In May 2010, New Jersey governor Chris Christie declined to reappoint John E. Wallace Jr. to the New Jersey supreme court. That was the first time since the state constitution was adopted in 1947 that a governor had refused a justice’s request to be reappointed. Christie’s bold action signaled hope that he was serious about reforming the court, that he meant what he said about having justices who “would not legislate from the bench.”
Just last week, however, Governor Christie nominated to the state supreme court two individuals who have no public record of any commitment to judicial restraint. Indeed, in announcing the “historic nominations” of Bruce A. Harris and Phillip H. Kwon, Christie instead emphasized how his nominees “capture our state’s diversity in a way never before seen in the history of the Court.” Harris, you see, would “become the third African-American to serve on the State Supreme Court and the first openly gay member of the Court,” and Kwon would “become the first Asian-American to serve on the Supreme Court and the first immigrant.” Not a word in Christie’s announcement about his nominees’ judicial philosophy.
Now it is of course theoretically possible that both Harris and Kwon are, say, passionately committed to originalism and judicial restraint and will be model justices. But Christie doesn’t provide any reason to believe that. And, in Harris’s case, that theoretical possibility is incompatible with his apparent support for the 2006 state supreme court decision requiring that all the rights and benefits of marriage be made available to same-sex couples. In other words, there’s ample evidence that Christie didn’t just take “diversity” into account but elevated it above essential considerations of judicial philosophy.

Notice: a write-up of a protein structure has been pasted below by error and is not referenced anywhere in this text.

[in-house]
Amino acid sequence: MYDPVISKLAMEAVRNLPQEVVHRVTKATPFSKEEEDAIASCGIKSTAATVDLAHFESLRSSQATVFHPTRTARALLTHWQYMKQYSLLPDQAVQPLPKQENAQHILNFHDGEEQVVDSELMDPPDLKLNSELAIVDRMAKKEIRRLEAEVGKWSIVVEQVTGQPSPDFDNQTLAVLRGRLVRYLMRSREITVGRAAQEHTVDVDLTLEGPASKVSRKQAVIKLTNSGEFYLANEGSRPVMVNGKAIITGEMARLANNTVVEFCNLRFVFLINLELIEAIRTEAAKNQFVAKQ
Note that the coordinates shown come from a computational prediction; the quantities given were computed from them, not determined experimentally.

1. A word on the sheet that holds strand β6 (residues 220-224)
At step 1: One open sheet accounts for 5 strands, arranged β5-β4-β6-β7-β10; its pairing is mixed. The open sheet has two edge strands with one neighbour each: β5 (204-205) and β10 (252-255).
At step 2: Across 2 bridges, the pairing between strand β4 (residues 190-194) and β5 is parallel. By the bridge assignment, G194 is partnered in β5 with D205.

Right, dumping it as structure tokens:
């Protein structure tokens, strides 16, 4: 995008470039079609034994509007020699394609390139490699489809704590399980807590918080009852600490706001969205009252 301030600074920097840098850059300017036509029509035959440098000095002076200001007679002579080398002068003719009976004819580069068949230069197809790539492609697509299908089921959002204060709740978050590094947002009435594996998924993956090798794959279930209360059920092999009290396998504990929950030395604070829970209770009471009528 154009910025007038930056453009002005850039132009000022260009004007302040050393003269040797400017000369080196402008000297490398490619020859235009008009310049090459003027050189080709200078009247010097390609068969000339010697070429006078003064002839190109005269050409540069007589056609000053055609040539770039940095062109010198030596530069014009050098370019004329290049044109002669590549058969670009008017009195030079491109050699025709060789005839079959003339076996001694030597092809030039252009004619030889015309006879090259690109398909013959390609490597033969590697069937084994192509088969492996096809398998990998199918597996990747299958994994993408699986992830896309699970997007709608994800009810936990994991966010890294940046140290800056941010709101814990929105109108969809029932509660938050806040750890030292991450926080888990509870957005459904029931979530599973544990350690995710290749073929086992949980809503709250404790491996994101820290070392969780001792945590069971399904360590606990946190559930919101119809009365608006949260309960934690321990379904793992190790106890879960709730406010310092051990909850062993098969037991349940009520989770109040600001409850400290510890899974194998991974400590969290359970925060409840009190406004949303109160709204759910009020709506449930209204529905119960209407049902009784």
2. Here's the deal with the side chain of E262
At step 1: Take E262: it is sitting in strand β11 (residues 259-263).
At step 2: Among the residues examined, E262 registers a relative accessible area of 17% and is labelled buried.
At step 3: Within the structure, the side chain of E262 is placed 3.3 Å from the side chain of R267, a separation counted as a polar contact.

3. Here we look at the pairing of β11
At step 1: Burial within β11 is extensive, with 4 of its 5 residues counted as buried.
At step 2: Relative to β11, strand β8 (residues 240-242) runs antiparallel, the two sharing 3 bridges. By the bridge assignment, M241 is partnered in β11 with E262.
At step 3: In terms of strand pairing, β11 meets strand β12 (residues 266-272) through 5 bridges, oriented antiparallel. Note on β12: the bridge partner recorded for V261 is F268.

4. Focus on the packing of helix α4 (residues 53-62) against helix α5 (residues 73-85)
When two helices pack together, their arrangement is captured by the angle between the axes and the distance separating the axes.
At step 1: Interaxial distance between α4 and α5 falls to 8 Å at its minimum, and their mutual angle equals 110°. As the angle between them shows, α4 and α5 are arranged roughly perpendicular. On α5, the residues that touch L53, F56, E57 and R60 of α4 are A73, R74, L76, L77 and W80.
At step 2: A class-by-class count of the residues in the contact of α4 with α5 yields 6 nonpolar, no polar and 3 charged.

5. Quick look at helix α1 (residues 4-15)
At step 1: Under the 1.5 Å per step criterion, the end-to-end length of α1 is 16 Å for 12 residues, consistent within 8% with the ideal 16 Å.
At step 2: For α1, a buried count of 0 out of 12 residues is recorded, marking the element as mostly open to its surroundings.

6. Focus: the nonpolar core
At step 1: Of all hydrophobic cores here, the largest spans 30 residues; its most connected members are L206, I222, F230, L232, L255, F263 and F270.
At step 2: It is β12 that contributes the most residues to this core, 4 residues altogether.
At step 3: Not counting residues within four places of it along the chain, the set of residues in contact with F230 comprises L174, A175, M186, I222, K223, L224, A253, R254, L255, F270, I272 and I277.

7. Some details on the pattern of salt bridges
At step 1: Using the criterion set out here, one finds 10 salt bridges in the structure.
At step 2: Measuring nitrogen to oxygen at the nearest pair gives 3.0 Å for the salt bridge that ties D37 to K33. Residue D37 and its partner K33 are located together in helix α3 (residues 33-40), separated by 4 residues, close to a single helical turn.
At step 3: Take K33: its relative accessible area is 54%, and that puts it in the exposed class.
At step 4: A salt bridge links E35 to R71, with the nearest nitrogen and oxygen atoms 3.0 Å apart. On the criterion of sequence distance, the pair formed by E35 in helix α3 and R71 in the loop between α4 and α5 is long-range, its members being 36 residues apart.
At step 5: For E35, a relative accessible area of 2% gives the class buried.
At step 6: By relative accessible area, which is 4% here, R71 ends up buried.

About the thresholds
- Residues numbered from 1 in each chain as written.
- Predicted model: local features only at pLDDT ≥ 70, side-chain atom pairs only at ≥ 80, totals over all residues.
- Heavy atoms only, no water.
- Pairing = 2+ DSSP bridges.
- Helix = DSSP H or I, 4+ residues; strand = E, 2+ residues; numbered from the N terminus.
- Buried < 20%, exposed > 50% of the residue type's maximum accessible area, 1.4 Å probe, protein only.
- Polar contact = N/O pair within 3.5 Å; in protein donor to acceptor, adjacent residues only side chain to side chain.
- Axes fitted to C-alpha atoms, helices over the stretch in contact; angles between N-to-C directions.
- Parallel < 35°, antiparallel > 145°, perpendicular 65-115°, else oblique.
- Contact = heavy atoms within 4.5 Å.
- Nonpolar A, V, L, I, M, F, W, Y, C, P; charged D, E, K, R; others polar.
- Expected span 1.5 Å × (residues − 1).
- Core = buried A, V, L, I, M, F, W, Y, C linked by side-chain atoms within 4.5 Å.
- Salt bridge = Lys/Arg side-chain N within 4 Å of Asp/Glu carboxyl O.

Those conservatives who have wished, on the basis of Christie’s YouTube performances, that he was running for president may be glad to have a fuller record on which to assess his qualifications.